The Foundry 616 Harris & Mary Ann Streets, Ultimo, Sydney. 3 September 2014
Review by John Clare
Walking from Glebe to the relatively new jazz club, The Foundry, I am tracked by various familiar resonances. Ultimo was once full of huge warehouses and bond stores, and across from the club itself, in a brick and sandstone building, was the old Technological Museum. You could see bottles being made there. And many other things, including minerals under ultra violet light. Before all that, in very early days, there was a wattle grove, now commemorated by a street of that name. The Foundry has a jazz hip hop night on Friday, acclaimed by American alto saxophonist Greg Osby as perhaps the best he had seen in the world
Speaking of resonance, Jazzgroove Mothership Orchestra hit like a slammed door when I walked in and rose to a wall of industrial din, topped by screaming trumpets. Darryl Carthew played towering lead. This club seemed meant to have been right here.
That quiet man of Melbourne, Scott Tinkler, was here as featured trumpet soloist in the premiere performance of Andy Fiddes’s suite, The Gaffer – a Somerset reference apparently to an old blatherer, but first the orchestra played a set of pieces they had not tackled for years. Despite that the spirit was tremendous and brilliant solos were heard from Fiddes himself, fellow trumpeter Simon Ferenci, alto saxophonist and bandleader Dave Theak and, on a wonderful blues called Trouble and Woe Matt Keegan and Nick Bowd got down about as blues as you can on tenor and baritone saxophones respectively. Keegan was once more at the top of his game on a Murray Jackson arrangement of Mike Nock’s Hadrian’s Wall.
In the next set Tinkler was brought out and unfortunately left standing beside the band with his trumpet, looking fired to go – for a while that is – while a loud and intermittently funny quiz show was held at the front. I saw a certain exasperation appear on his face. Nevertheless, Fiddes’s first piece, opening the suite, made up for a great deal.This was subtly arranged and so transparently played it sounded almost like choral music. Like people singing in other words. Then … a tremendous raft of high brass rose over these softly swaying waters. Then the ensemble – both brass and reeds – returned to the middle register and sang some more, alternating with dynamic, stabbing brass figures. Near the end there were two intriguing soft, bright fugual passages – fractured and rather pointillist fugues (or suggested fugues) that had the magic of a small multi-coloured flurry of autumn leaves. The level of writing remained at an exceptional level throughout.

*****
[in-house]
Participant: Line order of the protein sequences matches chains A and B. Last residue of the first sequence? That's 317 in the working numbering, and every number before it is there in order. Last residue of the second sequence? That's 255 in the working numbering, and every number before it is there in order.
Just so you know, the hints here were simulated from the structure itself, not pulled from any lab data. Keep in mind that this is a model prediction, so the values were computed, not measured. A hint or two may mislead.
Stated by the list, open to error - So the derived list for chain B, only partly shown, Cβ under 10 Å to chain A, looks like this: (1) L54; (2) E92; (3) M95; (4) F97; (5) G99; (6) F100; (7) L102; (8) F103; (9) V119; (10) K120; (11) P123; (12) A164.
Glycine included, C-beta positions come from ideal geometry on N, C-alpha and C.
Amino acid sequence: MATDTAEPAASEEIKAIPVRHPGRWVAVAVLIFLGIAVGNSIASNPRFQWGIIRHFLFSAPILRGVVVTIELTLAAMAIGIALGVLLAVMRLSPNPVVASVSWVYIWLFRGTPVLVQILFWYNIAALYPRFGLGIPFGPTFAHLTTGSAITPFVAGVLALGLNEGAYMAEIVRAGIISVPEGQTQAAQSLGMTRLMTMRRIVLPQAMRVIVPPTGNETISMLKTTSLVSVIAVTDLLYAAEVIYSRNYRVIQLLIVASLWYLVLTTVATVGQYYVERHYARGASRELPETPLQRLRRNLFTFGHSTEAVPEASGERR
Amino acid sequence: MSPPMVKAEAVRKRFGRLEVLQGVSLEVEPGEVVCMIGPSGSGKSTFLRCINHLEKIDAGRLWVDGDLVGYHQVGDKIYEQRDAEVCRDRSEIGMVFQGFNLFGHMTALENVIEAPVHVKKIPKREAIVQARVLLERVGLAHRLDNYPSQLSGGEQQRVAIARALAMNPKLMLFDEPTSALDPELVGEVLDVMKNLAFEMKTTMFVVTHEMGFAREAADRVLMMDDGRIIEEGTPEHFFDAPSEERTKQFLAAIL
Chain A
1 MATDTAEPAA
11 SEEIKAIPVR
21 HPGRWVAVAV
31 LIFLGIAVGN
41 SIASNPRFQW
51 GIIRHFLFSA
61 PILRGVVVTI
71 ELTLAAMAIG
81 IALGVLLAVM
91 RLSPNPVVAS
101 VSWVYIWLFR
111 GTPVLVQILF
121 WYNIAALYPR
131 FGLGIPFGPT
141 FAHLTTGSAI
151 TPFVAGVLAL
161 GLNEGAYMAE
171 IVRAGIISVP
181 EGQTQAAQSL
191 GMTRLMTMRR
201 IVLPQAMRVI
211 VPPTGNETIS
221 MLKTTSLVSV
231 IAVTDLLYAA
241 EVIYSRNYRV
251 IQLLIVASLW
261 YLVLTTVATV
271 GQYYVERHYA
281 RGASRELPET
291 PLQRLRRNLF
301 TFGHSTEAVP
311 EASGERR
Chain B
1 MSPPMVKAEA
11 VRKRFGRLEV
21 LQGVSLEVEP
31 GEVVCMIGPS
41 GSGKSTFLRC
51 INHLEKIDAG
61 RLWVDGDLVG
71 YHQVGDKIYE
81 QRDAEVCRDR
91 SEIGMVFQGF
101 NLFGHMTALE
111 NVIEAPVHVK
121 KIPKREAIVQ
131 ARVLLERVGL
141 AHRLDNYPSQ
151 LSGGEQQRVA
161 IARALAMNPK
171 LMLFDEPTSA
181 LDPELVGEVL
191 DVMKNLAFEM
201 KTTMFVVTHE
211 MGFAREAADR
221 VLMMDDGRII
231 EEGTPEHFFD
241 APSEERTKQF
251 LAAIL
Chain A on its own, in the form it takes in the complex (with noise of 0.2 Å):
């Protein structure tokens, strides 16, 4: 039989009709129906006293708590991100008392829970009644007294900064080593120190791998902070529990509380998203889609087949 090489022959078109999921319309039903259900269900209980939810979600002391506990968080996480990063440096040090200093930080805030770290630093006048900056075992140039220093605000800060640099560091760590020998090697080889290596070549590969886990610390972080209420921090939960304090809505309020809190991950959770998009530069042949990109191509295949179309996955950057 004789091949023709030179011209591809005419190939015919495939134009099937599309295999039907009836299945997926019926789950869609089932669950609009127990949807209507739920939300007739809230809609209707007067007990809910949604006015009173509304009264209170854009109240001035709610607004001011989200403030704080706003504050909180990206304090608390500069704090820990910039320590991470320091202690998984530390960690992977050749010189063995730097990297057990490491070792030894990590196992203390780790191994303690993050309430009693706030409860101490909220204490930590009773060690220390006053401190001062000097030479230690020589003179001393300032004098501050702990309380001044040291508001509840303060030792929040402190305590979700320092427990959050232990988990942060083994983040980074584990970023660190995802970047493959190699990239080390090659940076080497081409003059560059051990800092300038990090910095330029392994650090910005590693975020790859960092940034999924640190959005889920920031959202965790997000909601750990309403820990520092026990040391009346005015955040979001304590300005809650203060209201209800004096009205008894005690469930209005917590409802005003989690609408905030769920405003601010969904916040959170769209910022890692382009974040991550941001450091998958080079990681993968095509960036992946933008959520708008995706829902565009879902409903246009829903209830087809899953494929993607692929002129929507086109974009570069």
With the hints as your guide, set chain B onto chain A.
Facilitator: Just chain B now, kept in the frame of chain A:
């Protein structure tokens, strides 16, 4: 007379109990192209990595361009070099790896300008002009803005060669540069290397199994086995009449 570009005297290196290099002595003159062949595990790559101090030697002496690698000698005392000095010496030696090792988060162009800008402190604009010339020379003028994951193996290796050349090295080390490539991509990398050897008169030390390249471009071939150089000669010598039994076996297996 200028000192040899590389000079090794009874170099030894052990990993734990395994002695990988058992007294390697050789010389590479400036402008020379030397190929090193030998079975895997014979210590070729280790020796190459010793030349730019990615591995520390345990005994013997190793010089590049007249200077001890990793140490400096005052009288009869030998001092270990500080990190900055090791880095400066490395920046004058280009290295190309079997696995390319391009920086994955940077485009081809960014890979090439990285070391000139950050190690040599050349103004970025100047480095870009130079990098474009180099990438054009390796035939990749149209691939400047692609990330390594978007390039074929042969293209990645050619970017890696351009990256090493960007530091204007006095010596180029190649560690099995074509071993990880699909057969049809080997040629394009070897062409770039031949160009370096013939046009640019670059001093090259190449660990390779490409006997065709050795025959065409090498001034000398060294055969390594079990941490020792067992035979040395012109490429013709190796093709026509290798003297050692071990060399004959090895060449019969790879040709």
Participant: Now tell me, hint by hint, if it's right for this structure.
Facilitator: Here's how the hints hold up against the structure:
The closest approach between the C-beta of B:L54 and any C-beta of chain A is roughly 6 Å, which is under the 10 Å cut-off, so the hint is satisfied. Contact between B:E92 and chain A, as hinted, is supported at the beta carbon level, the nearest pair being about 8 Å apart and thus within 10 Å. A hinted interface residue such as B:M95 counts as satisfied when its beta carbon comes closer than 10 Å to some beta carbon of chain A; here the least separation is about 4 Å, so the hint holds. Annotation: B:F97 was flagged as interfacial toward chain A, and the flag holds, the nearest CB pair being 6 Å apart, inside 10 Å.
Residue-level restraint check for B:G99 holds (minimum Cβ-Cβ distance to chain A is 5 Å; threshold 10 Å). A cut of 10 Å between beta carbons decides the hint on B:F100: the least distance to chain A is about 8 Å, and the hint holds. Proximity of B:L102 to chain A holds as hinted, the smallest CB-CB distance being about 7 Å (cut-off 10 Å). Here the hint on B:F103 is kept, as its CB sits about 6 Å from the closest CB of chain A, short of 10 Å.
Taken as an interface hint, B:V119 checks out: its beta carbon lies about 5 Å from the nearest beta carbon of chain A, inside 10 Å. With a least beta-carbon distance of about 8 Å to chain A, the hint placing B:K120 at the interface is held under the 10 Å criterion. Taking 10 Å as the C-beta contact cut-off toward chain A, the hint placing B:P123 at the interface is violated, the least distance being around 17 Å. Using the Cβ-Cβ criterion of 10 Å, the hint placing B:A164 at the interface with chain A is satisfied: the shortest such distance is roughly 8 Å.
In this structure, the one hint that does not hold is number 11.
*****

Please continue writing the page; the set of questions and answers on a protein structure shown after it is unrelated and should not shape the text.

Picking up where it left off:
Scott was not initially at his best, but still sounded distinctive – in fact unique – and strong. As the night went on he released more and of his original patterns and cries. His cadenzas on the closing chords of pieces were particularly magnetic. Due to the declining volume about him his tone became more immediate and tactile in the air. The patterns often seemed to form and stop, like something bright and heavy levitating, and run again – that is to say it felt as if you could reach out and grasp them, but they elude your grasp. Then again, in the one piece that broke into a fast swing, his solid juddering trills and geometrical runs and angles seemed to push everything else aside with a barking aggression and momentum. A trill of this kind is incidentally the rapid alternation of two notes a semi-tone apart. Sounding a little like bird song when played lightly but with a hard, rattling motoric effect when played like this by Scott.
Also exciting and atmospheric were his half-valve effects (valves pushed part way down to give a choked and strange talking effect). Tinkler sometimes blew hard straight through these pockets of choked compression so the brass sound thinned out in wails and screams – almost at times like a slashing sword. Though it was freezing outside it was hot and very crowded within. This tends to make brass play sharp. Furthermore Tinkler had not had much time to digest this new music, but despite some missed cues that few noticed, judging from enthusiastic conversations I overheard, this was kingly playing.
It was also very impressive writing by Fiddes. Each piece had either strong emotion or enthralling atmosphere and texture, or all of that. A special night with the special feelings and resonances one can still experience in a connoisseur’s jazz club.
Foundry 616 on the web
Jazzgroove Mothership Orchestra website